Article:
Rubio Will Benefit From Trump's GOP Feud

The GOP is crumbling. That was the general sentiment around the fifth and final Republican primary debate of the year. Whether it was Donald Trump's unsettling feud with fading candidate Jeb Bush or the rest of the field's ensuing panic to remain relevant, the night was chock-full of uncomfortable cross talk and close calls. In the midst of it all was Florida Sen. Marco Rubio, who benefits from Trump's chaotic battle with the Republican establishment. For the most part, he avoided any direct, outrageous confrontation with the rest of the candidates on the stage.

Buried beneath the evening's tense moments, Rubio quietly maneuvered around the majority of Trump's vague threats and the rest of the pack's exhausting political onslaught, jumping in only when mentioned directly, and always with an air of control.

After being asked whether Ted Cruz was wrong for voting in favor of the USA Freedom Act, the data collection legislation that replaced the PATRIOT Act this past June, Rubio sidestepped a potential landmine. He avoided a wave of ad hominem attacks against the Texas senator, and added that the act itself was faulty and would not prevent terror attacks in the future. "[Sen. Cruz] was wrong," said Rubio coolly. "The next time there is attack on this country, the first thing people are going to want to know is, why didn't we know about it and why didn't we stop it? And the answer better not be because we didn't have access to records or information."

Later, when debate moderator Wolf Blitzer inquired about whether Rubio disagreed with Cruz's strategy to carpet-bomb ISIS in Raqqa, Syria, where the militant group currently maintains a stronghold, Rubio eased back, letting Cruz do much of the squabbling. "Hillary Clinton and Barack Obama's strategy is to lead from behind," Rubio finally countered, redirecting the brunt of Cruz's anger back at their collective Democratic rivals. "We are the most powerful nation in the world. We need to begin to act like it again."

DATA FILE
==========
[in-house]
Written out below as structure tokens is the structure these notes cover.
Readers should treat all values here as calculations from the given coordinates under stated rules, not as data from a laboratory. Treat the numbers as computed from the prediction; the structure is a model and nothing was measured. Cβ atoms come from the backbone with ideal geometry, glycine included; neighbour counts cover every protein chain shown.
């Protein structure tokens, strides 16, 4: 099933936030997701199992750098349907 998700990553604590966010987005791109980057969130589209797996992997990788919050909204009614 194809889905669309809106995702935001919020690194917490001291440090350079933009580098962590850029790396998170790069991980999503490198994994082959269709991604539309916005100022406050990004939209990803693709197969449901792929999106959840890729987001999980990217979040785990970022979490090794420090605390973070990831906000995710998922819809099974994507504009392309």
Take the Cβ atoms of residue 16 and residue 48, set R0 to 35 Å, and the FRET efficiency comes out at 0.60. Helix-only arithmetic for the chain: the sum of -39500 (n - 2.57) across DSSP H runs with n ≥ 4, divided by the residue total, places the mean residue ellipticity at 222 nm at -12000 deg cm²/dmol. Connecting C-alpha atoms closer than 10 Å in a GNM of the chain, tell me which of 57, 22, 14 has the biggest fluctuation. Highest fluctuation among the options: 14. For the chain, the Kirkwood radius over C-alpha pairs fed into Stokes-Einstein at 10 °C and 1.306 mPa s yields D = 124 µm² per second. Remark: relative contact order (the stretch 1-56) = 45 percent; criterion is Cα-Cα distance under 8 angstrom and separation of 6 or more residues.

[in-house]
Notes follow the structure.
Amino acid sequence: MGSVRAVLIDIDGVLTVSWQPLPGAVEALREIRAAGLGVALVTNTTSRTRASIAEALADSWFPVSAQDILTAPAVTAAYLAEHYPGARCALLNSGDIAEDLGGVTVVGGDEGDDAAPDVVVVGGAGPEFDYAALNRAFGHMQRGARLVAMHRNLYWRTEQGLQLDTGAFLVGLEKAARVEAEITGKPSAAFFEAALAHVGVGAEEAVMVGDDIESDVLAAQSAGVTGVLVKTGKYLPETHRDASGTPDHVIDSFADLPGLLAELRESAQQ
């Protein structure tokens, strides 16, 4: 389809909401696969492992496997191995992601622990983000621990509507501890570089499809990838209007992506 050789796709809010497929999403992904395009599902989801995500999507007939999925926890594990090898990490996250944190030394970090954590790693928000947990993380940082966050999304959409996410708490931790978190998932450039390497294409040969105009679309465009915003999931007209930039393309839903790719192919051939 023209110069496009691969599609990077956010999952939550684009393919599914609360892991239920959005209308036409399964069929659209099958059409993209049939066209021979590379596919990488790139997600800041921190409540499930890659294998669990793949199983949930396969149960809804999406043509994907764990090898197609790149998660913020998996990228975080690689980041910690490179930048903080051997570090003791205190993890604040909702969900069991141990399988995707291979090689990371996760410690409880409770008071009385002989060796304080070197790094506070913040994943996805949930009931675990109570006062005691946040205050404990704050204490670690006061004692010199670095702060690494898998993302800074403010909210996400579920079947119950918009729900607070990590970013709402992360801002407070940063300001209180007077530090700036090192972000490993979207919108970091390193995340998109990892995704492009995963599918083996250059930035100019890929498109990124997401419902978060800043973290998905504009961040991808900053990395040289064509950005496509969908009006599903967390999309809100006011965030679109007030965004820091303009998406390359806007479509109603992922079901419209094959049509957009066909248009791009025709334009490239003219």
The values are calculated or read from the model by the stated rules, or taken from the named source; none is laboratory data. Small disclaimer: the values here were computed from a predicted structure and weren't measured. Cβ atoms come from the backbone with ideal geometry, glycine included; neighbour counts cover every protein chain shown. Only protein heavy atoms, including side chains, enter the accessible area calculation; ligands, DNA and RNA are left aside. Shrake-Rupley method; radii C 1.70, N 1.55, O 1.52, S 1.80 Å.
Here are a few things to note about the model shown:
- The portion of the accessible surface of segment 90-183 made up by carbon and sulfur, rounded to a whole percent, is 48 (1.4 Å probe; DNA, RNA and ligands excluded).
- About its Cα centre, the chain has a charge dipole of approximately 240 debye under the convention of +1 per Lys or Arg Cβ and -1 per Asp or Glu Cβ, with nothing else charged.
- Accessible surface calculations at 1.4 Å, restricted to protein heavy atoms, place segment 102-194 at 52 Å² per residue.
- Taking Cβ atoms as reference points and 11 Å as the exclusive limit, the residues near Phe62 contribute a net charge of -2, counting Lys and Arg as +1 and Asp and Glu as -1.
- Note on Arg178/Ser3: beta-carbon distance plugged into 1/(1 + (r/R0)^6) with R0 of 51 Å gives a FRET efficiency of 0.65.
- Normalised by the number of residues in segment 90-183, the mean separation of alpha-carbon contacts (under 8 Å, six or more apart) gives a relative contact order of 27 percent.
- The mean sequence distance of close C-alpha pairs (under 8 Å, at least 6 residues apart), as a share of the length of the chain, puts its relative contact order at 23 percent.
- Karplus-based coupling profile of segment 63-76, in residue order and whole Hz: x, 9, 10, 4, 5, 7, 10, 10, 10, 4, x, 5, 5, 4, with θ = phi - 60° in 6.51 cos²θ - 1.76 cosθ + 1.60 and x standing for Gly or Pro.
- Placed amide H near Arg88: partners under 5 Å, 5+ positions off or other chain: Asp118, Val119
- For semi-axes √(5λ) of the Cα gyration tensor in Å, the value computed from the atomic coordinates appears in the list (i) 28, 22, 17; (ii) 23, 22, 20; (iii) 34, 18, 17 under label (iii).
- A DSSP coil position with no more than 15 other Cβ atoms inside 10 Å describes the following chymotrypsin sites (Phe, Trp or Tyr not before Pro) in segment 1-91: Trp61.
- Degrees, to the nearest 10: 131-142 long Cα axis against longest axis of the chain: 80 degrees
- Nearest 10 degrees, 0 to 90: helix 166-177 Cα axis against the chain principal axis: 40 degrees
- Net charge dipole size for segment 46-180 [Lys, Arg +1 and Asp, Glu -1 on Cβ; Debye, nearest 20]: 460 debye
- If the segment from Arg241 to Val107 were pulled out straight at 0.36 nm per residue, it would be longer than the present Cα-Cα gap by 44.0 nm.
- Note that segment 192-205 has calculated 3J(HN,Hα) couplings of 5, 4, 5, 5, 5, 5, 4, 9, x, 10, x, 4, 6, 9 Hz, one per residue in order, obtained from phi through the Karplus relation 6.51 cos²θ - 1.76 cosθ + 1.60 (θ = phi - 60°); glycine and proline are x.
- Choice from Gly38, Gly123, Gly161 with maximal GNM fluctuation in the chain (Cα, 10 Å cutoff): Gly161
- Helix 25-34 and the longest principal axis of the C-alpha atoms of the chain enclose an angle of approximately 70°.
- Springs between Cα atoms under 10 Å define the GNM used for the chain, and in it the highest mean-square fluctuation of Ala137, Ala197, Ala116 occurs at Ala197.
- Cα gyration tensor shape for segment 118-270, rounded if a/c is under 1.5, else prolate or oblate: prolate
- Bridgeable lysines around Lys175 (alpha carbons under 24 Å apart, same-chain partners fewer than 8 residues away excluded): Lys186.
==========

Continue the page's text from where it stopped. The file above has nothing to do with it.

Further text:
It worked. Although the ensuing discussion between Cruz and Rubio at times became impassioned, Rubio remained largely well-behaved, and in turn, came off as the more level-headed of the two.

The same could not be said for the remainder of the Republican field, which turned to angry tirades and heated bickering in competition for the spotlight. Leading the charge on that contentious front was none other than Trump, who seemed to take issue with every other candidate on the stage (many of whom responded in kind).

There was the notorious Trump/Bush exchange, which at one point seemed like it would come to blows. "Donald, you know, is great at the one-liners, but he's a chaos candidate and he'd be a chaos president," Bush said, remarking on Trump's foreign policy stances. "He would not be the commander-in-chief we need to keep our country safe." Throughout the evening, the billionaire mogul also faced off with commentator and conservative radio host Hugh Hewitt over what he alleged was a ploy by CNN to start fights between Trump and the other candidates to increase ratings.

But through it all, Rubio was relatively silent, stepping in to comment on important issues and nothing more. Compared with Trump and Bush's fierce sparring, Rubio's terse exchanges with Cruz seemed almost boring — which was exactly what he needed to keep his third-place position in the polls. While the other candidates opted to talk over one another and throw punches, Rubio hid in the background. It was the same strategy he's employed in the last few debates, and so far, it's been working. Rubio's poll numbers have received a much-needed boost, while more contentious candidates have fallen to the wayside.

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As long as Cruz (who's been battling it out with Trump for first place in the polls recently) continues down a similar trajectory as previous second-place candidates like Ben Carson — landing a few key hits before ultimately growing uninteresting or repetitive — Rubio could still have a shot at the GOP nomination, come primary season. If he's looking to take home a win, keeping to his original game plan might just be the key.